Retail, shopping & leisure

Do-It-Yourself dinner shops

A trend that's storming the US is the idea of the DIY Dinner shop. The concept started in Washington State in about 2002 and there are now almost 700 shops across the US. There is even a trade association called the Easy Meal Preparation Association. So what is it? Basically it's a retail concept aimed at busy working women and urban singles who are too busy to prepare home cooked meals but feel guilty about supermarket-bought Ready to Eat (RTE) meals or take-away foods. The stores, most of which are franchised, are essentially small industrial kitchens with menus and ingredients pre-chopped and pre-prepared. All you need to do is work out what you want to cook, book a time online and then turn up (usually with a few friends) to assemble anything from one week's worth to a whole month's worth of dinners using colour coded or numbered ingredients.The retailer provides the packaging - which includes ingredients, labelling and cooking instructions - and you just take it all home to throw in the freezer. Price wise the meals cost somewhere between supermarket meals and take-out. Key retail brands include Fix-and-freeze dinners and Really Cool Foods (New York), Dream Dinners (160+ locations across the US) and Supperworks in Toronto (Canada). Will the idea work elsewhere? You bet. The concept neatly plugs into a number of major trends including the growth of single-person households, time-starved working mothers and concerns about healthy eating. It could even be argued that the social aspects of the meal preparation are compensation for increasing loneliness or that the hands-on participatory nature of this type of cooking is compensation for lives that are increasingly virtual and remote - or as retail experts would put it 'the socialisation of the retail experience'.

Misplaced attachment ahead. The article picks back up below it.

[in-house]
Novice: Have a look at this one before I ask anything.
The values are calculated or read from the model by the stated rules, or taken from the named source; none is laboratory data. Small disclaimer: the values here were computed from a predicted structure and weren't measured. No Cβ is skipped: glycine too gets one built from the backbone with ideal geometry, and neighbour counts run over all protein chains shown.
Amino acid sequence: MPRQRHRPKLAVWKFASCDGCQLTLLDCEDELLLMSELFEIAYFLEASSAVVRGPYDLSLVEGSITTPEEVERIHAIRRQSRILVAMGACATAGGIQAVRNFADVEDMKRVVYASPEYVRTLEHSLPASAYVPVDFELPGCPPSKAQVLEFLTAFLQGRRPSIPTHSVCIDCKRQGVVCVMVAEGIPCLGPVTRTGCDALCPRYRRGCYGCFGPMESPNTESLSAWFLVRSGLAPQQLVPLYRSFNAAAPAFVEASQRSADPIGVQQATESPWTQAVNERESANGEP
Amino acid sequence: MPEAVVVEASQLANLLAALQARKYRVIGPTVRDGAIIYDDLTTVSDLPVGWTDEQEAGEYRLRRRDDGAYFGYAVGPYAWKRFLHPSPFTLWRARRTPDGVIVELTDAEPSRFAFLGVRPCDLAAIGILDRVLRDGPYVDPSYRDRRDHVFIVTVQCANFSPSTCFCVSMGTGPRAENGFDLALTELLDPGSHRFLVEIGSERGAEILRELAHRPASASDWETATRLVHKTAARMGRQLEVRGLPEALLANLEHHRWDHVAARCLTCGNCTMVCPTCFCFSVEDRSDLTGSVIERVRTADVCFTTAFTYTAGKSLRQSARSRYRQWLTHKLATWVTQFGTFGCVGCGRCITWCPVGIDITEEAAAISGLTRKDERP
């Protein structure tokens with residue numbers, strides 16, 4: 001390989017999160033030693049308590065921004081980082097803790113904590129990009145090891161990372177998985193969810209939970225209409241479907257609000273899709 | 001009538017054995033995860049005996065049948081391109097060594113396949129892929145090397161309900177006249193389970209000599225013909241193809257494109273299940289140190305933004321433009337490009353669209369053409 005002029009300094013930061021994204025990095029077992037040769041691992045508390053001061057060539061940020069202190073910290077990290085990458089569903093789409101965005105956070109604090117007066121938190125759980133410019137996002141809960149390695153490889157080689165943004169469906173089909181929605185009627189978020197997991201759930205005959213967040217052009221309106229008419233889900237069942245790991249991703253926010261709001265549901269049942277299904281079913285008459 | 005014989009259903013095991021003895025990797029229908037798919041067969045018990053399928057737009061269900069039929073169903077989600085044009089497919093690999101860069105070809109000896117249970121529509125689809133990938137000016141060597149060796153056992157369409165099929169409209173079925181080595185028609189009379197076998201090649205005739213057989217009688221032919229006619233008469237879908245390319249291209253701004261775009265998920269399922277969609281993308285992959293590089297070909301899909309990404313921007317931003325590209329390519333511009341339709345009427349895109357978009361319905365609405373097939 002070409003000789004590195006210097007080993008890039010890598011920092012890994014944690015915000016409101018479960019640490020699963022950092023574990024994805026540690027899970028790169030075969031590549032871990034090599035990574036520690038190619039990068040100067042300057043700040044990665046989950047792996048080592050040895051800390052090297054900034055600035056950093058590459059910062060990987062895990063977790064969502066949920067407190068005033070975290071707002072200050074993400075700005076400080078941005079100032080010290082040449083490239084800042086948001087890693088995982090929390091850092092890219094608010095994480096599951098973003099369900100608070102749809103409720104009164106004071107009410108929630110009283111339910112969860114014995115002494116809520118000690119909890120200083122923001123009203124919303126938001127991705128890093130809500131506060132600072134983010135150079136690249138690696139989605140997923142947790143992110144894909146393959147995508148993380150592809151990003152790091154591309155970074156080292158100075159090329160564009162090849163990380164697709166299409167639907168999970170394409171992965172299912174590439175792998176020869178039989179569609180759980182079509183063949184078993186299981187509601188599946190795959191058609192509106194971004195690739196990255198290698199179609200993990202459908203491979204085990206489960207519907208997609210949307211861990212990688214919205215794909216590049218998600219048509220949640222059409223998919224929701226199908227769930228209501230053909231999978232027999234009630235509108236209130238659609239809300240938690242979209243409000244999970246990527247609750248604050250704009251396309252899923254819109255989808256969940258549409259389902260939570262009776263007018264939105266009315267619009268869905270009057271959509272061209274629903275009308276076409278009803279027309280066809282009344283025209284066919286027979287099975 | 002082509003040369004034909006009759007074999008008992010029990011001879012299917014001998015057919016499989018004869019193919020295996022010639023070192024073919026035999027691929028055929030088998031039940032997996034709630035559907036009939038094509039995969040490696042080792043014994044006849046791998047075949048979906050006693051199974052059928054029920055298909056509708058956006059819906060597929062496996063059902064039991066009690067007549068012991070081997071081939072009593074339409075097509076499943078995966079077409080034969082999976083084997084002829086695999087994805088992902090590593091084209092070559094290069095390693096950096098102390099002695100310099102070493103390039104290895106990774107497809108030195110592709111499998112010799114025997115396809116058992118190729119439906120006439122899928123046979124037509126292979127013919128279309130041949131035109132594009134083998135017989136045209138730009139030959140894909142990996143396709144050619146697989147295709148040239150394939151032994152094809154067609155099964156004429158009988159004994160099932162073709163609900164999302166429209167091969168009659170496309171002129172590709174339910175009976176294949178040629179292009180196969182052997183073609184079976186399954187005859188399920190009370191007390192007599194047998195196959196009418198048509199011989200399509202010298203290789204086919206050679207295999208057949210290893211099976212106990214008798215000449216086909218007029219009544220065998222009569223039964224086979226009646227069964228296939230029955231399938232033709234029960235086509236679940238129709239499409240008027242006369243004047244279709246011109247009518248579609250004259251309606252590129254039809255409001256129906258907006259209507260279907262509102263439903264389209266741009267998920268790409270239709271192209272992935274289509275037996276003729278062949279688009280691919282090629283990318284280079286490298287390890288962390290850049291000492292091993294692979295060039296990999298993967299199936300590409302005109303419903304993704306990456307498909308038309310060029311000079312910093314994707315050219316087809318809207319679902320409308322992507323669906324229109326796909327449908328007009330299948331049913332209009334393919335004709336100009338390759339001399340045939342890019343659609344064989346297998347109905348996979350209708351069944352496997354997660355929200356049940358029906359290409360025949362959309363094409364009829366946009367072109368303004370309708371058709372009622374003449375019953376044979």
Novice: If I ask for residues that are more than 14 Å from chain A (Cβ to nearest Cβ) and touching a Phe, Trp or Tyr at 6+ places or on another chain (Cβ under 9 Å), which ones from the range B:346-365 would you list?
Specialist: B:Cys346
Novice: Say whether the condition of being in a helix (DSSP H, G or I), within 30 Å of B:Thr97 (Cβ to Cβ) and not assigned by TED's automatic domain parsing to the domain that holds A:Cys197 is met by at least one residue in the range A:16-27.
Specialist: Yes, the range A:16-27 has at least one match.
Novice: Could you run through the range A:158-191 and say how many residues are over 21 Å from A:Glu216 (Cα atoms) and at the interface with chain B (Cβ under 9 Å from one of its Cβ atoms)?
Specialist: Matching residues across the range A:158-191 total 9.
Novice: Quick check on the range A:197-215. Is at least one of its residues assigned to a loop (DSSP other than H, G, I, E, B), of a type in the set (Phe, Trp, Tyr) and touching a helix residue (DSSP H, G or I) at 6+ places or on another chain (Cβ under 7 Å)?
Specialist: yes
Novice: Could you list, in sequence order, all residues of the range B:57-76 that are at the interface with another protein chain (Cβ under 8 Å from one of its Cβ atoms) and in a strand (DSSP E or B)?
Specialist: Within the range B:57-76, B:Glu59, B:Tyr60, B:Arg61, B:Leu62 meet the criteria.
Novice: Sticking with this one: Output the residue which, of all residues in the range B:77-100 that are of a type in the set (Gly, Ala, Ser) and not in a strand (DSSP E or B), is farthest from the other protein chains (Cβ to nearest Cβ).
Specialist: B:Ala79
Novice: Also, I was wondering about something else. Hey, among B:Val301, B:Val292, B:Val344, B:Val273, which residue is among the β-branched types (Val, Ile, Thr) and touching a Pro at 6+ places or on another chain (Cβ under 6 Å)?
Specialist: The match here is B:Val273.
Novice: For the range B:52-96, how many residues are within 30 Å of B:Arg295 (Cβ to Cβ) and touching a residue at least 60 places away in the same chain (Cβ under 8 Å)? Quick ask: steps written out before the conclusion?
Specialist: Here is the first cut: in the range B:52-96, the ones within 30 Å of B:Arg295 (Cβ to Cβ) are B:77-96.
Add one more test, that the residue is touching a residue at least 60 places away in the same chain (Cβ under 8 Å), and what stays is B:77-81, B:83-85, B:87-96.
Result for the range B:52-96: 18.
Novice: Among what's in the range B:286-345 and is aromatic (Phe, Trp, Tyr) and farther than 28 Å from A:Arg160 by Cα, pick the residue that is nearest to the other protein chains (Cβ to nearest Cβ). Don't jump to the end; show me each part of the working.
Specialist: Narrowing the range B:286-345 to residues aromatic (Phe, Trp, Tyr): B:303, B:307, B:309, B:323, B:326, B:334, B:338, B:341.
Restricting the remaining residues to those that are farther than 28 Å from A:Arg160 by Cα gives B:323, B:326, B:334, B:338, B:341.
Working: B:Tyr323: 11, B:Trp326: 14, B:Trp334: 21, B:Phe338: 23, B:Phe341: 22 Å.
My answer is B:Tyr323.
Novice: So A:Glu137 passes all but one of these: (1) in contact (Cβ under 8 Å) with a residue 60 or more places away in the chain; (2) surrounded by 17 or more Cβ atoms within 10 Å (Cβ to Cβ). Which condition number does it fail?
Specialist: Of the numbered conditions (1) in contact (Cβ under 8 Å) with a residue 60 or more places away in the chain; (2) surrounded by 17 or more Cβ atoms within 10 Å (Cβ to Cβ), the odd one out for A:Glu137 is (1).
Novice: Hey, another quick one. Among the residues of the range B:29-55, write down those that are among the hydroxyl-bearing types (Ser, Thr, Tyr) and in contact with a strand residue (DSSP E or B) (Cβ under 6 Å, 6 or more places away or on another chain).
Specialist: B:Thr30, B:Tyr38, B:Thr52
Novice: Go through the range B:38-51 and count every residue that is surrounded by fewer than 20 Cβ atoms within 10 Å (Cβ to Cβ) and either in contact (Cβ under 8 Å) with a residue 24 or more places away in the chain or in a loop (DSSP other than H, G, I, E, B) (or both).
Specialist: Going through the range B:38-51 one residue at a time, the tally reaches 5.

Ref: The Times (UK), 10 June 2006, 'The Next Big Thing - Meal-Assembly stores',D. Rowan. Springwise (Neth), 6 June 2006, 'Family dinners, 24 at a time' and 23 July 2006, 'Meal prep goes up town'. See also
Search words: food, meals, time, singles, nutrition, participation, amateur, meal shops
Links: Rocket foods, leaping salmon

Amazon moves into grocery